DHAKA: Bangladesh authorities on Saturday hanged a top Islamist leader for overseeing a massacre during the nation’s 1971 independence war against Pakistan, with hundreds of people in the capital Dhaka celebrating the death of a “war butcher”.
Security was tightened outside the jail and across the country as specially trained convicts took Mohammad Kamaruzzaman to a makeshift gallows and hanged him using a rope, in line with Bangladeshi jail procedure.
“Mohammad Kamaruzzaman has been executed at 10:30 p.m. Bangladesh time,” Law and Justice Minister Anisul Huq told AFP.
The Islamist was declared dead by a magistrate and a government doctor.
Kamaruzzaman, the third most senior figure in the Jamaat-e-Islami party, was convicted of abduction, torture and mass murder as one of the leaders of a pro-Pakistan militia that killed thousands of people.
The Jamaat party condemned “the government’s pre-planned murder of writer, journalist and Islamic scholar” Kamaruzzaman and called a nationwide strike for Monday in protest at the hanging.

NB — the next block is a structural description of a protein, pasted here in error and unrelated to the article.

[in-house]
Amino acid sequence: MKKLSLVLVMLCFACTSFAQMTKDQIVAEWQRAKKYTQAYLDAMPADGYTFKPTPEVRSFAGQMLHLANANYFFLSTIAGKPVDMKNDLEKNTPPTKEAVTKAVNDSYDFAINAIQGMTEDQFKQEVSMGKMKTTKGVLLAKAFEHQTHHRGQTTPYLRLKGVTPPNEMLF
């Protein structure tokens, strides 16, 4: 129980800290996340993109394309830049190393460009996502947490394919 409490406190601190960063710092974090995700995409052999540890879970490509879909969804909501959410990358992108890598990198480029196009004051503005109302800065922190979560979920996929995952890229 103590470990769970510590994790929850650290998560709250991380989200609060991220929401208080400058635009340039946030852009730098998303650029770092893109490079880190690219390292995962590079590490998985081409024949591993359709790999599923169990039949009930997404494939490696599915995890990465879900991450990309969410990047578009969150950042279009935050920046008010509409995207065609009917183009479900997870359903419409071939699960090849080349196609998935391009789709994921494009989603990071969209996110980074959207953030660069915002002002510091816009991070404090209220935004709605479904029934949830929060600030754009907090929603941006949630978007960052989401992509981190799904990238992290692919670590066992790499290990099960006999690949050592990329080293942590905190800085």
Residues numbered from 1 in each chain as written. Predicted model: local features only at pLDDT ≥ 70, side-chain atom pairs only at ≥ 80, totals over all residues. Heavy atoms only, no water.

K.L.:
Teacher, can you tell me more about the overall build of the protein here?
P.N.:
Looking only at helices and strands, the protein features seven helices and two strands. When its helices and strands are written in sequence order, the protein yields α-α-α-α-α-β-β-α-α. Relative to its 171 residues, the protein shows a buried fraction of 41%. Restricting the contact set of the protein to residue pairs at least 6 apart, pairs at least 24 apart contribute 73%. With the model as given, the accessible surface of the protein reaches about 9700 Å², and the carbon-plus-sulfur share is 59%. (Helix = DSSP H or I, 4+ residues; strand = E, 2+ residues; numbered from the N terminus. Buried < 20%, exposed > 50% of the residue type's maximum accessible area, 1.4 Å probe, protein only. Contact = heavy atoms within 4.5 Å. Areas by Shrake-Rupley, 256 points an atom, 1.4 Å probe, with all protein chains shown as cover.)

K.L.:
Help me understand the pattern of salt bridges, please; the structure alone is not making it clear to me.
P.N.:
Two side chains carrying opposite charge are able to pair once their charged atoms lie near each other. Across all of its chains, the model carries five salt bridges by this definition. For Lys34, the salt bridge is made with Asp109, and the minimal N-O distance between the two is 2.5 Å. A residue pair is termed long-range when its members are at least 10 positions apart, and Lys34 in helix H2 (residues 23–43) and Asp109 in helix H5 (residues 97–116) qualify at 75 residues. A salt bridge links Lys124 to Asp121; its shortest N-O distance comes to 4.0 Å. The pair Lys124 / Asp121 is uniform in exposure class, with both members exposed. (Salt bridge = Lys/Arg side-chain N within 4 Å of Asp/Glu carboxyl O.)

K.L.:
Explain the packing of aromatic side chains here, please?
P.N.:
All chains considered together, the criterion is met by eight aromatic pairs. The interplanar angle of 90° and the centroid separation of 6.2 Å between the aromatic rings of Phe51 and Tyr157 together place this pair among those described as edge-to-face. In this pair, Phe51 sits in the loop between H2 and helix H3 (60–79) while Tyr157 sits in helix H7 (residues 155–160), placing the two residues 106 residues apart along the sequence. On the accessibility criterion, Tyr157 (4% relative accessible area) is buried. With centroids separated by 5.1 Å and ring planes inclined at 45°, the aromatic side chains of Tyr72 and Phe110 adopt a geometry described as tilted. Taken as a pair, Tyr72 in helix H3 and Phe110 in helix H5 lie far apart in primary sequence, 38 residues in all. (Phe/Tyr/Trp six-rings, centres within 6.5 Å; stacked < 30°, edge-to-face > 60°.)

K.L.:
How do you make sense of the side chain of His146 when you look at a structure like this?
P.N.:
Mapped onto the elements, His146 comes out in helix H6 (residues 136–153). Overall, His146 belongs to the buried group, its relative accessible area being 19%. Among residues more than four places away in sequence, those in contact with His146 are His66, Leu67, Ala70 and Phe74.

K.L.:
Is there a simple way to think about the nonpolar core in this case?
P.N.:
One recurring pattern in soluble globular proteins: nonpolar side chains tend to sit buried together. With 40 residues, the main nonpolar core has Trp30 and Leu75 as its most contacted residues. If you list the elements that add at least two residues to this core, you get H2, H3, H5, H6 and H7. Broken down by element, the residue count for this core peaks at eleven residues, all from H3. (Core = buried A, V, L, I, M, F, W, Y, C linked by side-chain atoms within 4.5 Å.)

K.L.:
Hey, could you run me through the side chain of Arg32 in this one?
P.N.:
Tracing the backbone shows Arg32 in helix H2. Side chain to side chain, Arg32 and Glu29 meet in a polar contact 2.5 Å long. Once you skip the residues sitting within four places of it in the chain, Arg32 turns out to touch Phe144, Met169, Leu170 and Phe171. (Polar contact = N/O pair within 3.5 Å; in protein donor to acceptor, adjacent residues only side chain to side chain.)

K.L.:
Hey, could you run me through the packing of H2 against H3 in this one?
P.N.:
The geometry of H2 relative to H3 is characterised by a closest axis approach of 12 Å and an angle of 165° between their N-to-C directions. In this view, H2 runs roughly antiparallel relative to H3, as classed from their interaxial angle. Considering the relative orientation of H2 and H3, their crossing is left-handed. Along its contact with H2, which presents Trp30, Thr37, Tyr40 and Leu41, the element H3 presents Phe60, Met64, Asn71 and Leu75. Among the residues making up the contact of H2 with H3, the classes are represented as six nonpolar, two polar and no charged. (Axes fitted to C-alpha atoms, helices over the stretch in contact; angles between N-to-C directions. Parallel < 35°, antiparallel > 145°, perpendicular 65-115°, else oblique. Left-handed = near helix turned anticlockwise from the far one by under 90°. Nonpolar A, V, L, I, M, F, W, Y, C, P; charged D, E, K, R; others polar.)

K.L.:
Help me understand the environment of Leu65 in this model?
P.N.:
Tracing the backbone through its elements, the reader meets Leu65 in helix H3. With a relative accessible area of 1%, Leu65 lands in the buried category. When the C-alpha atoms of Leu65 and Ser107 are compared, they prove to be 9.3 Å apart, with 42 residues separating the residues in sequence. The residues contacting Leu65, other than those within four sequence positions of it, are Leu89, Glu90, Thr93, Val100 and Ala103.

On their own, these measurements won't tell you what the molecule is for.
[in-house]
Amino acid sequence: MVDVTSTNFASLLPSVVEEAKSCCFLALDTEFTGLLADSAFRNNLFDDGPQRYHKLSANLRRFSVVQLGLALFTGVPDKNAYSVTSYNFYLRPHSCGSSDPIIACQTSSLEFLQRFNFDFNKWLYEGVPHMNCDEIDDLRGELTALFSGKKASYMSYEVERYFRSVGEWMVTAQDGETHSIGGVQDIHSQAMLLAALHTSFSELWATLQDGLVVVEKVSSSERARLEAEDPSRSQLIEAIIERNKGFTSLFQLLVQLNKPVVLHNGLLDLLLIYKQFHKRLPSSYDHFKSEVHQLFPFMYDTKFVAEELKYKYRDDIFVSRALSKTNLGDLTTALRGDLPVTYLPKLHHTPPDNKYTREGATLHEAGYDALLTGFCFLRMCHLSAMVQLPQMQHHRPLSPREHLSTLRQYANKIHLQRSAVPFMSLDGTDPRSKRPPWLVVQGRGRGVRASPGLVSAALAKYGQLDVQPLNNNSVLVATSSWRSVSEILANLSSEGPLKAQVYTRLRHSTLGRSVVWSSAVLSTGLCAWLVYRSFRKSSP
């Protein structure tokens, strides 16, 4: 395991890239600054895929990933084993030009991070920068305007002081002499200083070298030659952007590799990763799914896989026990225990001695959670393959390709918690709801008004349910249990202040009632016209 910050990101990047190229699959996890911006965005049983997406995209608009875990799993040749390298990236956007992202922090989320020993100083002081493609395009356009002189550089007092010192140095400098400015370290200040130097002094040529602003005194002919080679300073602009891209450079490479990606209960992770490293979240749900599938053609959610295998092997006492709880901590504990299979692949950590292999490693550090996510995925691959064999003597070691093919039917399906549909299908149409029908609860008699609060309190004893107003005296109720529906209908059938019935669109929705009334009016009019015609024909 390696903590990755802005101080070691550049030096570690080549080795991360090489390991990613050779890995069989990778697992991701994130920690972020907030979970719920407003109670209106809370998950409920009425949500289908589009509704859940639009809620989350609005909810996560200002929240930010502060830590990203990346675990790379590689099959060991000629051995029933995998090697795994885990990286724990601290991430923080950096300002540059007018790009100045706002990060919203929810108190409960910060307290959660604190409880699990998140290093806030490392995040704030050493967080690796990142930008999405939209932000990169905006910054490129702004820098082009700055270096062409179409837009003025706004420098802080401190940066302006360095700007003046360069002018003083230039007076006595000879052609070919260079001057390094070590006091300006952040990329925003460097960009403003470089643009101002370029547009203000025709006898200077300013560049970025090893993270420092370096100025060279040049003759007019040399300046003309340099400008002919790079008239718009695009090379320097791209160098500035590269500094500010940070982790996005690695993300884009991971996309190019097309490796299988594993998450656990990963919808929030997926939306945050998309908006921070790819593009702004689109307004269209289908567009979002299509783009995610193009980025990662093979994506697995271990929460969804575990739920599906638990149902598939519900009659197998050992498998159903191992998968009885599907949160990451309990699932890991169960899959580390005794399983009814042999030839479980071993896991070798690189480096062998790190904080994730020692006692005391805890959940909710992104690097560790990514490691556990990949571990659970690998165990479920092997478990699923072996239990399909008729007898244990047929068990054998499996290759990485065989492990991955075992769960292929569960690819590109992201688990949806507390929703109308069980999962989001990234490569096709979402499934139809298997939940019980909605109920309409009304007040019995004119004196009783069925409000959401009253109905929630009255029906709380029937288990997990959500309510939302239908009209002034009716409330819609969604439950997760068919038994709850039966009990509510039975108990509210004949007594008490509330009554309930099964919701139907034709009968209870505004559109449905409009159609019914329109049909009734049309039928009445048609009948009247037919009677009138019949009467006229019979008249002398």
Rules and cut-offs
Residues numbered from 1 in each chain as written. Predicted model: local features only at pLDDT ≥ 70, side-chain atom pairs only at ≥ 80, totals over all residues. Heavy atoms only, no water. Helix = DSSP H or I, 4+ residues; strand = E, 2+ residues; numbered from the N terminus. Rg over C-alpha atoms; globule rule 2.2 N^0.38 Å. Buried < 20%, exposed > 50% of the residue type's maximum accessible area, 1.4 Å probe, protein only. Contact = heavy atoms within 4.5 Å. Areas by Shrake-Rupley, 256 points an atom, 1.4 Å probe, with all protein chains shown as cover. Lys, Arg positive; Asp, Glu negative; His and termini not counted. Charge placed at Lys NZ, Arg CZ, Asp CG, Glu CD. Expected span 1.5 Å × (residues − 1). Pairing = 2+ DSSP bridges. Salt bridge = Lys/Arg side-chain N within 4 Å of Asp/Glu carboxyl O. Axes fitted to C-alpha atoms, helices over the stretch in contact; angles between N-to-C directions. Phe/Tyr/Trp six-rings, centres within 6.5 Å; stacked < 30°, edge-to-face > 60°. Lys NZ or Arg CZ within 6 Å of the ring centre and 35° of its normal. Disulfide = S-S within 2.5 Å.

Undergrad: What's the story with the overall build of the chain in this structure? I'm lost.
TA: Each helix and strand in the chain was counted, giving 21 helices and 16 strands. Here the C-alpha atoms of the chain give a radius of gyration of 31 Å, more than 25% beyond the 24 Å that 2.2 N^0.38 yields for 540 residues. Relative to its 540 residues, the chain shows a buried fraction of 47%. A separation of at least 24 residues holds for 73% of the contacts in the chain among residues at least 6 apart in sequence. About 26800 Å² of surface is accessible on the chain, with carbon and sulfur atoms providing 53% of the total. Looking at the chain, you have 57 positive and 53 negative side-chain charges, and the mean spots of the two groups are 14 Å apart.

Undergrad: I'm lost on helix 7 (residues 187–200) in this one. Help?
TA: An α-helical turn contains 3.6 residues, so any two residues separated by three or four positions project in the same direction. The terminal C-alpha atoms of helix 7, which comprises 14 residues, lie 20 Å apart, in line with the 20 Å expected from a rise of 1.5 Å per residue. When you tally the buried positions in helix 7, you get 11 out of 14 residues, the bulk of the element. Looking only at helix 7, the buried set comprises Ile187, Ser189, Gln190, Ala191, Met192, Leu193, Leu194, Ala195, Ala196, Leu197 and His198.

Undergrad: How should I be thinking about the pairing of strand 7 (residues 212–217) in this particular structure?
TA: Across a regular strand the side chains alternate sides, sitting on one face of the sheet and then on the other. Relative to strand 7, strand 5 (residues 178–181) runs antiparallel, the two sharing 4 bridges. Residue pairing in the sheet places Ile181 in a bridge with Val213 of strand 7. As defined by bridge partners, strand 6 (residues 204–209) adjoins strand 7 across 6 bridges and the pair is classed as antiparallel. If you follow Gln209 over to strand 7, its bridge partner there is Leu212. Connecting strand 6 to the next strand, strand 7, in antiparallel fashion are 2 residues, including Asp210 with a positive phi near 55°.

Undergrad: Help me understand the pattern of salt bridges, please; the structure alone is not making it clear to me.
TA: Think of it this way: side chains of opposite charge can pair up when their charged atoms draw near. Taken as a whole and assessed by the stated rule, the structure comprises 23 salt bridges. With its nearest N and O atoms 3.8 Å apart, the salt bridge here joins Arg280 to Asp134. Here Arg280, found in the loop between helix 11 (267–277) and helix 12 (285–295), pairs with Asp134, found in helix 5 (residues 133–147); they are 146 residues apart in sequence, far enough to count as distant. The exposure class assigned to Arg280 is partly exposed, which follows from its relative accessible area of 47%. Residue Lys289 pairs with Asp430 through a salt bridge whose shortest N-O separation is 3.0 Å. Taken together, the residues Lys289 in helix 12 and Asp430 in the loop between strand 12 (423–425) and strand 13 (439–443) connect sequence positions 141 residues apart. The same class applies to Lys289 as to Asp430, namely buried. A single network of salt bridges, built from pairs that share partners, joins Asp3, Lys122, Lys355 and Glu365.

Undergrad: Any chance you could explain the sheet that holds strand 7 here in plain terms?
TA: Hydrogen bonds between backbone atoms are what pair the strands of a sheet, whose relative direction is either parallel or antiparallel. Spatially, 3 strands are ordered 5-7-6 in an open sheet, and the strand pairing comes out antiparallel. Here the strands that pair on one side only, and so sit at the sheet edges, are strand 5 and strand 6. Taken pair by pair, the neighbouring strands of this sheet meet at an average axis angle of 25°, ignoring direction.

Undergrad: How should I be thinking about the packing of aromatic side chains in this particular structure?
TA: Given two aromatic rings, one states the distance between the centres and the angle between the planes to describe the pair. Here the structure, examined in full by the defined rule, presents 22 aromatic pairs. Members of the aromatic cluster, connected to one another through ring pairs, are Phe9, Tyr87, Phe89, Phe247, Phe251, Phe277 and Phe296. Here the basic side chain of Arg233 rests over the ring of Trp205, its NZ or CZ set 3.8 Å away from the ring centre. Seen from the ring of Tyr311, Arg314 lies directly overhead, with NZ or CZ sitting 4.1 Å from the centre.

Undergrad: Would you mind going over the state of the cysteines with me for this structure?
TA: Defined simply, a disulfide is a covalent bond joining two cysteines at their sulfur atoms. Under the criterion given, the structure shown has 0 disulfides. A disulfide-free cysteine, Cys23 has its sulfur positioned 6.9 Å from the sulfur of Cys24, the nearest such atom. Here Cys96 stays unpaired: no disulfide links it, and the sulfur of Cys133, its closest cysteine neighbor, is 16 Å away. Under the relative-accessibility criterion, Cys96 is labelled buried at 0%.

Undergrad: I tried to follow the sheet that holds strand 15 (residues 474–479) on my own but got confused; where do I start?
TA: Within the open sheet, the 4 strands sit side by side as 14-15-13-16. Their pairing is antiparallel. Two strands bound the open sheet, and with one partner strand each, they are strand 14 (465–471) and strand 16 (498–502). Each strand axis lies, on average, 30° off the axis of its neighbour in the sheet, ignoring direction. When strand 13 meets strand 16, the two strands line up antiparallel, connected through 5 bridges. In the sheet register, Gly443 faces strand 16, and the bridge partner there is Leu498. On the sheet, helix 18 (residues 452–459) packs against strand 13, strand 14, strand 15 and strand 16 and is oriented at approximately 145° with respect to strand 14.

Hundreds of people burst into cheers and made victory signs as news of the execution was announced in central Dhaka, where they gathered to celebrate the death of a man they called a “war butcher”.
Bangladesh went ahead with the execution despite last-minute pleas by the United Nations, the European Union and human rights organizations to halt the hanging. The UN said the trial did not meet “fair international” standards.
Just hours before the execution, Kamaruzzaman’s family visited him at the prison.
“We found him in good health and not worried about his fate at all,” his eldest son Hasan Iqbal told AFP after seeing his father.
“In his last comments, he regretted he did not see the victory of Islamic movement in Bangladesh. But he was confident it would be victorious here one day,” he said.
Kamaruzzaman, 62, became the second Islamist to be hanged for atrocities during the 1971 war. Abdul Quader Molla, Jamaat’s fourth-highest ranked leader, was hanged in December 2013.
Hundreds of Jamaat activists were killed in 2013 when the party held a series of nationwide protests to halt the war crimes trials of its leaders, and tens of thousands were arrested.